Caravaggio’s Calling and Huanitzin’s miter are both said to have taken eleven days to make. Each object is in some way comparable to the other, just as the feather artist Huanitzin is an analog to Caravaggio. It’s a pattern that depends on yet another rearrangement of history: it’s true that one of the earliest surviving feather paintings, The Mass of Saint Gregory, was done in Mexico in 1539 under the supervision or patronage of Don Diego de Alvarado Huanitzin, nephew and son-in-law of Moctezuma, but to make him the artist of a featherwork is Enrigue’s invention.

The silent rearrangement demonstrates the hidden importance of this transatlantic pattern to the novel. It’s designed, I think, to suggest two ways of reading history. The first is to confuse all attempts at nationalist genealogies. In a recent brilliant survey, Painting in Latin America, 1550–1820,* Eduardo de Jesús Douglas meditates on the problem of describing The Mass of Saint Gregory, and asks: “What stylistic label or artistic and cultural identity do we attribute to artist and artwork: indigenous, European, mestizo, hybrid, mixed, decadent, metropolitan, provincial…?”

That exuberant impurity is corroborated by the crisscrossing movement of Enrigue’s novel—an instrument for registering the beginning of a global era. De Jesús Douglas adds that the use of featherwork in this colonial art would have evoked, for the indigenous artist, “ritual sacrifice and the life or soul force…effected through ritual sacrifice”; whereas for the European recipient it offered purely aesthetic excitements, the delights of “color and iridescence.” And that neutral observation is given a darker tinge in the novel. For the philosophy of Sudden Death is melancholy. Every meaning, it seems to say, is fragile. Its existence depends on who is in power.


Late in this high-speed book, where story tumbles after story, there’s a moment when the narrator admits to a certain confusion: “As I write, I don’t know what this book is about. It’s not exactly about a tennis match.” Perhaps, he writes, it’s only a “book about how to write this book; maybe that’s what all books are about.” Of course, this is as disingenuous as every other statement in the novel. It should not be taken literally. It’s a gesture of reticence, as if the novelist were the reader’s butler (“the true art,” writes the narrator elsewhere, “is reading, not writing”)—a clue to its form.

The novel takes the form of a puzzle, for the reader to assemble from its disparate materials. Perhaps the most important addition Enrigue has made to the brilliant, tone-switching translation by Natasha Wimmer is a chapter called “On Names, and the Troubled History and Politics of How Things Are Named.” It is an explanation for the startling way names change throughout his novel. “The emperor Cuauhtémoc becomes Cuauhtemoctzin, Guatémuz, or Guatemotzin, depending on who is speaking to him and in what context.” Or there is Cortés’s Nahua lover, Malinalli Tenépatl, aka Malinalli, Doña Marina, Malinche, and Malitzin. But, he writes, “to dispense with the enigma of the name changes, or to list them at the end of the book and thus create an illusion of clarity where there is none, would be to banish the reader to the stands, to bounce him off the court.” For the confusion is a symptom of a general condition: the names keep changing according to who is in power in the conversation.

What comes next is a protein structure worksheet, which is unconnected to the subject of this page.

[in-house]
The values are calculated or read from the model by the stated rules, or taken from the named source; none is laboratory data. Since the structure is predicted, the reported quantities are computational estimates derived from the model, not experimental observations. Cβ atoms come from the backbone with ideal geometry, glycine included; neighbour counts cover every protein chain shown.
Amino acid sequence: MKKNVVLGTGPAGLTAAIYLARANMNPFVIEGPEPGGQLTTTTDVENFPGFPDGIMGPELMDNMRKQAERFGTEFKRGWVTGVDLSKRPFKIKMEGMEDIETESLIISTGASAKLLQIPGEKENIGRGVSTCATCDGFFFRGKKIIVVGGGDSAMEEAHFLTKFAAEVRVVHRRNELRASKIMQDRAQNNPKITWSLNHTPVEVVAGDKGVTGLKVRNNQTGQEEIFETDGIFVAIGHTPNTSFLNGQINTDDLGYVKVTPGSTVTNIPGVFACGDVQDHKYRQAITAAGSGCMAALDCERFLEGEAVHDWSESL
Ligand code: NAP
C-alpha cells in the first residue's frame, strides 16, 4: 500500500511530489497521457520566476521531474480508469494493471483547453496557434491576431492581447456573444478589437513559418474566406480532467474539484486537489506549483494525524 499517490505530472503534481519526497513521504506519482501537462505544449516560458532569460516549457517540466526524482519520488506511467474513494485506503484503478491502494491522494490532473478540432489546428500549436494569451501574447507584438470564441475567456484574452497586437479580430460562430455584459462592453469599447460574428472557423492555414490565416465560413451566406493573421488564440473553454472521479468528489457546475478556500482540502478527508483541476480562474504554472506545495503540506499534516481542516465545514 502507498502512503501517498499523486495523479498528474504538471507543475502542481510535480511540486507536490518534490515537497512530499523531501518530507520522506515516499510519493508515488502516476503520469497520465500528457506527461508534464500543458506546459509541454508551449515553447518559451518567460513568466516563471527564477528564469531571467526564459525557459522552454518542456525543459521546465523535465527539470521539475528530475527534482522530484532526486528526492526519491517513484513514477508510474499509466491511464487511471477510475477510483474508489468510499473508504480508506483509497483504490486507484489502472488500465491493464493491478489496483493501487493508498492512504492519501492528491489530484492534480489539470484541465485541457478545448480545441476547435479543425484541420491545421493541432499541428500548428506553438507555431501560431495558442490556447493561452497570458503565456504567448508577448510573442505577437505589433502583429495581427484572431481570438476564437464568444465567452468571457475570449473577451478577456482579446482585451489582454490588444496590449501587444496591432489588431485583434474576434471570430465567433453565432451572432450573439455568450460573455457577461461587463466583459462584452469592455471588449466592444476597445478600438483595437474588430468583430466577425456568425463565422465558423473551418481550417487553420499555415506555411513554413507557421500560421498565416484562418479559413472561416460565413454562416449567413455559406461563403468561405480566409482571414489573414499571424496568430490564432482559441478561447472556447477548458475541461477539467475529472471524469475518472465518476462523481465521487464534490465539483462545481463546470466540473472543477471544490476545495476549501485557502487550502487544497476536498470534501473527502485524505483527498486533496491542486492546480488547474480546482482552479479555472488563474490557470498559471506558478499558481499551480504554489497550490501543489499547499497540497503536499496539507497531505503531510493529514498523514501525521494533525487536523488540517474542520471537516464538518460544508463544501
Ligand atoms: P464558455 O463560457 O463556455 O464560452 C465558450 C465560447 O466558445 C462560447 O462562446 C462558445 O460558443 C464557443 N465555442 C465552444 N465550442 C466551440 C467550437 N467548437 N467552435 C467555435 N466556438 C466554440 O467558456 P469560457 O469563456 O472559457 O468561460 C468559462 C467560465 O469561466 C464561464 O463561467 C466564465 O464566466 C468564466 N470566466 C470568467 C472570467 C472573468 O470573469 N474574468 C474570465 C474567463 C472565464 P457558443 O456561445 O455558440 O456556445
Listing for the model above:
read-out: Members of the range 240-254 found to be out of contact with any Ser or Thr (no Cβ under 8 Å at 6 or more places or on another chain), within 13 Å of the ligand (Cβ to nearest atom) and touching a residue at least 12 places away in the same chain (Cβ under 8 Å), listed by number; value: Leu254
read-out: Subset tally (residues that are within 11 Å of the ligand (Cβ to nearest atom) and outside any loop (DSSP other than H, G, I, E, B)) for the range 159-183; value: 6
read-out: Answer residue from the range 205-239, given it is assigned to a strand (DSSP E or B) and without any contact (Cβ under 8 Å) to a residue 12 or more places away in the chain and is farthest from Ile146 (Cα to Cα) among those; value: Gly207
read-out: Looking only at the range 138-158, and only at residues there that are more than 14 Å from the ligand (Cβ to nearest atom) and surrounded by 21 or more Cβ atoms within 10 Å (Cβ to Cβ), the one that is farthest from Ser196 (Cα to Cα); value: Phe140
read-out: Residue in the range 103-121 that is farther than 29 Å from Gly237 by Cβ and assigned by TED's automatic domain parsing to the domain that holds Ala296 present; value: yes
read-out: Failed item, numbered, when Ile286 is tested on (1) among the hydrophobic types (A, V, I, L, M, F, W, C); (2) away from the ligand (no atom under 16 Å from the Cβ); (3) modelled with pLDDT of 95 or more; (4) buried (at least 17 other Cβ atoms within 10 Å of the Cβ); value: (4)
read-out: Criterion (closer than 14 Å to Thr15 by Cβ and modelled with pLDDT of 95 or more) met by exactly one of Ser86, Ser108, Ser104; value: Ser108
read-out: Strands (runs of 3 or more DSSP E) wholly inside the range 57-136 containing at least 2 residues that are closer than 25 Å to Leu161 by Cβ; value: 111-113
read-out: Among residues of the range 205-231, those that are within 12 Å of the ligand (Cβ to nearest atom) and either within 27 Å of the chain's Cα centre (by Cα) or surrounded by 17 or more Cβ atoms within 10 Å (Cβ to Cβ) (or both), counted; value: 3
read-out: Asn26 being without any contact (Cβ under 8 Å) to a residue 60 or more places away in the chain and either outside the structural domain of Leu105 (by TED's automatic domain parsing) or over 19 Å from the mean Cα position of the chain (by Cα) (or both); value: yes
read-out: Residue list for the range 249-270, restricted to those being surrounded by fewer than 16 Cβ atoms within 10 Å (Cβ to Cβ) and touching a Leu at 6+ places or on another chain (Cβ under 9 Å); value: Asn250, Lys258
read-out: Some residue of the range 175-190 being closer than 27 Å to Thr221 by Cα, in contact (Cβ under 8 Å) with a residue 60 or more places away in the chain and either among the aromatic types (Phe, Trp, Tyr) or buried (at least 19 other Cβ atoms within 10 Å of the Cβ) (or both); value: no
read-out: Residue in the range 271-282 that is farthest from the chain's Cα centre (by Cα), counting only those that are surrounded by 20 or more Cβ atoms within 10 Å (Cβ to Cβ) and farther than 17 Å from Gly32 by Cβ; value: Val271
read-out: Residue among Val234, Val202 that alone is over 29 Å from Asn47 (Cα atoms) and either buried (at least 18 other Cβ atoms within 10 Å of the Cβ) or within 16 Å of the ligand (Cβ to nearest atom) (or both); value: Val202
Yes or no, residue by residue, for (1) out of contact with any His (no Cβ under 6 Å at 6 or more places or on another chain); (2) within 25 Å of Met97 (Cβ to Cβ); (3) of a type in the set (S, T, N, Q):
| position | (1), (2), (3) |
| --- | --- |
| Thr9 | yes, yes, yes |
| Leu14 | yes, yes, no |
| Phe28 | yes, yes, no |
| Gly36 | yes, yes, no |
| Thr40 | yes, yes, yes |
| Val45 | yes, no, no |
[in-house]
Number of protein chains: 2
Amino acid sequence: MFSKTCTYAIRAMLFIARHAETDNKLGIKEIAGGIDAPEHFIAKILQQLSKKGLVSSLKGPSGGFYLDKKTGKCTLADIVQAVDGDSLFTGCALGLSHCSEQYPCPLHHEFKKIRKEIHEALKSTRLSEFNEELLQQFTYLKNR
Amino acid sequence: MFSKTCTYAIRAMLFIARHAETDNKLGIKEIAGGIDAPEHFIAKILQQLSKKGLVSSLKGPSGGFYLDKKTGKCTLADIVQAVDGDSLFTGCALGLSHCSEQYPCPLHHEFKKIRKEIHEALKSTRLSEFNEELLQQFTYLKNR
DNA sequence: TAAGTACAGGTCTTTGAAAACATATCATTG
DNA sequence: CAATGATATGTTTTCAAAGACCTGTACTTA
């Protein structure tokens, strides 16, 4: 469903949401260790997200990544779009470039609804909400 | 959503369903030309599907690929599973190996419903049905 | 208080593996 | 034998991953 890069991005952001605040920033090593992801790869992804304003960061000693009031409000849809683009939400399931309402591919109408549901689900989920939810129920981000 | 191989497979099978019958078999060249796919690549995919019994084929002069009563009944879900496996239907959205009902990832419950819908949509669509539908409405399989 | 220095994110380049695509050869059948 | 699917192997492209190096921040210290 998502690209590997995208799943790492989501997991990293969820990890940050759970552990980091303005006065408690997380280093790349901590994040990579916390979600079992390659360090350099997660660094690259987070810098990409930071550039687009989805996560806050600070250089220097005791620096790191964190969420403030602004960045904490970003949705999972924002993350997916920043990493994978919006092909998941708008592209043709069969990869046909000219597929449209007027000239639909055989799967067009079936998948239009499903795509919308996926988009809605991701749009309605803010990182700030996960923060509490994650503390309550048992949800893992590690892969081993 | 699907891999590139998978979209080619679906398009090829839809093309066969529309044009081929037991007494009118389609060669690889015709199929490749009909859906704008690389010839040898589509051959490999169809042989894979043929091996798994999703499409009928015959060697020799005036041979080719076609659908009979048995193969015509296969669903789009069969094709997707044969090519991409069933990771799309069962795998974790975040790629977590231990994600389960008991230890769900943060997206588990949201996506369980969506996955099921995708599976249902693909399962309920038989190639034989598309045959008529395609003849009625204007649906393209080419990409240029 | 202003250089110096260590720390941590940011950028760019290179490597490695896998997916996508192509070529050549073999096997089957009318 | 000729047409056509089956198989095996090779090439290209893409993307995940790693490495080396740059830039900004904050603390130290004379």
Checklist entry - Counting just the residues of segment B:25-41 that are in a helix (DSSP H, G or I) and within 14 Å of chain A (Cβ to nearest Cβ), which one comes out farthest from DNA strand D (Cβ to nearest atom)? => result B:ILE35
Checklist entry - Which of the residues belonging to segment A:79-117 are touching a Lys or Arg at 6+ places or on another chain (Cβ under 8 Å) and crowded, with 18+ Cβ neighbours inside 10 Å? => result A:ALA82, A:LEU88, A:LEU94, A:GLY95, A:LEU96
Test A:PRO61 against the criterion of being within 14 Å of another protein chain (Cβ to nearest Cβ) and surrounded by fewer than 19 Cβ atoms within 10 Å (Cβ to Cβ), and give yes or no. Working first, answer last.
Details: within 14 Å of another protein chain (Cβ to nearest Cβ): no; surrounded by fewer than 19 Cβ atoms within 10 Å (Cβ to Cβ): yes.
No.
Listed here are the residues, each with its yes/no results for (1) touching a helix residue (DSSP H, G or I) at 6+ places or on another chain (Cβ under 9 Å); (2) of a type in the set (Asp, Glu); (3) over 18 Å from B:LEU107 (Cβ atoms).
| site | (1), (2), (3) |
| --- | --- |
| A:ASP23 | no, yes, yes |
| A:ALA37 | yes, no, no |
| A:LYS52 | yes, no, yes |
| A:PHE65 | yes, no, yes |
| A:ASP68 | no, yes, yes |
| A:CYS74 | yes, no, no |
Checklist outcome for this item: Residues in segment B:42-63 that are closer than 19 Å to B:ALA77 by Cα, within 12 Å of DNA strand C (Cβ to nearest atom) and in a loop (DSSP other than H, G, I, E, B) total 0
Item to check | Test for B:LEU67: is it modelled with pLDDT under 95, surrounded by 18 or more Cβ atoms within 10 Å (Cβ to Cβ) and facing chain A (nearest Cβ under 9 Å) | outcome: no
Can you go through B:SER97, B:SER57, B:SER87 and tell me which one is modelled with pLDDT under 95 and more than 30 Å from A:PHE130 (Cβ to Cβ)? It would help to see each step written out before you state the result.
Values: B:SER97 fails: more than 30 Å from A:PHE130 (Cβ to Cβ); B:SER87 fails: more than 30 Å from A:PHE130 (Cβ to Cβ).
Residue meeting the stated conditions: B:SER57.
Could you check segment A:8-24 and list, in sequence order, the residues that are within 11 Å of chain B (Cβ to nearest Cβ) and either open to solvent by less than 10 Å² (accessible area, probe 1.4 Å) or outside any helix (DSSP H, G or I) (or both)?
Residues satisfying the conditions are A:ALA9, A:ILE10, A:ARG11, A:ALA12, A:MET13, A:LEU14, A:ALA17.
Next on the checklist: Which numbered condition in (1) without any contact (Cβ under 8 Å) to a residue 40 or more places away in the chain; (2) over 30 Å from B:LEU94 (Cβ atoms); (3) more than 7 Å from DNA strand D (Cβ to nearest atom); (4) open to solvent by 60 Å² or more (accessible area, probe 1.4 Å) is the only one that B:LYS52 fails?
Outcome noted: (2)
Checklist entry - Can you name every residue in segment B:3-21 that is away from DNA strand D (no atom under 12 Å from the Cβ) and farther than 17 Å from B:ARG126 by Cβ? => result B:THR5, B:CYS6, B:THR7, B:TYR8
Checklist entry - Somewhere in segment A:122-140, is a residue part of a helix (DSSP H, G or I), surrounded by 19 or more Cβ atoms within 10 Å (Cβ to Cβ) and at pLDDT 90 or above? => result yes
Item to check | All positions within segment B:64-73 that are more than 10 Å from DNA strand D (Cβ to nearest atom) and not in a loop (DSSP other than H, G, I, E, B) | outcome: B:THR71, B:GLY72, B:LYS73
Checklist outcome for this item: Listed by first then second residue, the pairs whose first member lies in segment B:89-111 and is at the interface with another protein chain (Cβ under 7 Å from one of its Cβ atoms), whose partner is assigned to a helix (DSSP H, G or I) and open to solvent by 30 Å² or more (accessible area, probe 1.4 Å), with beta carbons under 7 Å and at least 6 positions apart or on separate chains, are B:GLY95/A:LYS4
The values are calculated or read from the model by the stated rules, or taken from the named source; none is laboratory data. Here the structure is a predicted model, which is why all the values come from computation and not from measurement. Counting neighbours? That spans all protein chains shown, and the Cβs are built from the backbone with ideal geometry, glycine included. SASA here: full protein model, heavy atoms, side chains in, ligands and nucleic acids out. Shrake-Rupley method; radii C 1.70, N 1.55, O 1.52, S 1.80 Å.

The novel offers a series of conquests that are, necessarily, experienced by the vanquished as terrible losses—and the most terrible is the conquest of America, in which

dozens of thousand-year-old cultures that had flourished in isolation, without contamination or means of defense, would inexorably be trashed. Not that it matters: nothing matters. Species are extinguished, children leave home, friends turn up with impossible girlfriends, cultures disappear, languages are one day no longer spoken; those who survive convince themselves that they were the most fit.

The universe is a system of winning and losing, and it is rigged in favor of those in power. Sudden Death evokes a process of loss that would be unbearable if it weren’t expressed with such exuberance. The center of this pattern is Mexican history—from Moctezuma to the current narco corruption. But really, it is visible everywhere. “I don’t know what this book is about,” the narrator continues. “I know that as I wrote it I was angry because the bad guys always win. Maybe all books are written simply because in every game the bad guys have the advantage and that is too much to bear.”

Around the same time as he published Sudden Death in Spanish, in 2013, Enrigue also published a book of erudite essays: Valiente clase media (The Brave Middle Class). The essays examined a range of Latin American writers, from 1600 to 1900—and the theme, as in Sudden Death, was money and power. Not even writing, observes Enrigue, is immune from the general power strategy: to write is “to accumulate with the objective of dominating territories.” His emblematic figure was the nineteenth-century poet Rubén Darío, the giant of modernismo, a kind of Latin American Victor Hugo. For Darío was a great poet whose wish was not really “poetic glory” but “to climb the social ladder. He wanted to stop worrying, to escape the middle class and its limitations, its debts.” A great poet, according to this theory, is a great arriviste. All civilization is an alibi that conceals the kitsch pretensions of social desire.

And yet it would be wrong to deny Enrigue all optimism—and in the tennis atmosphere of Sudden Death it is symbolized by sneakers. “We cling to our tennis shoes until wearing them on a rainy day is agony. Anyone in a position of power hates them, impervious as they are to their agendas.” Art may be compromised by its worldly desires, but it can nevertheless still represent a doomed resistance to the general power structures, just by naming what is lost (“to replace the void with an imaginary archive”), by speaking for

the soul of all those who’ve been fucked by the pettiness and stupidity of those who believe that winning is all that matters, the soul of those who’ve been undeservedly obliterated, the lost names, the dust of bones….

And this will mean creating forms as jubilantly mestizo as the iridescent featherwork miter, or this novel that is neither American nor European but both at once—and in which, for a moment, the good guy triumphs with his talent. Sure, his future will be exile and destitution and death. But in the last sentence of the novel Caravaggio, Enrigue’s charming hero, wins the match.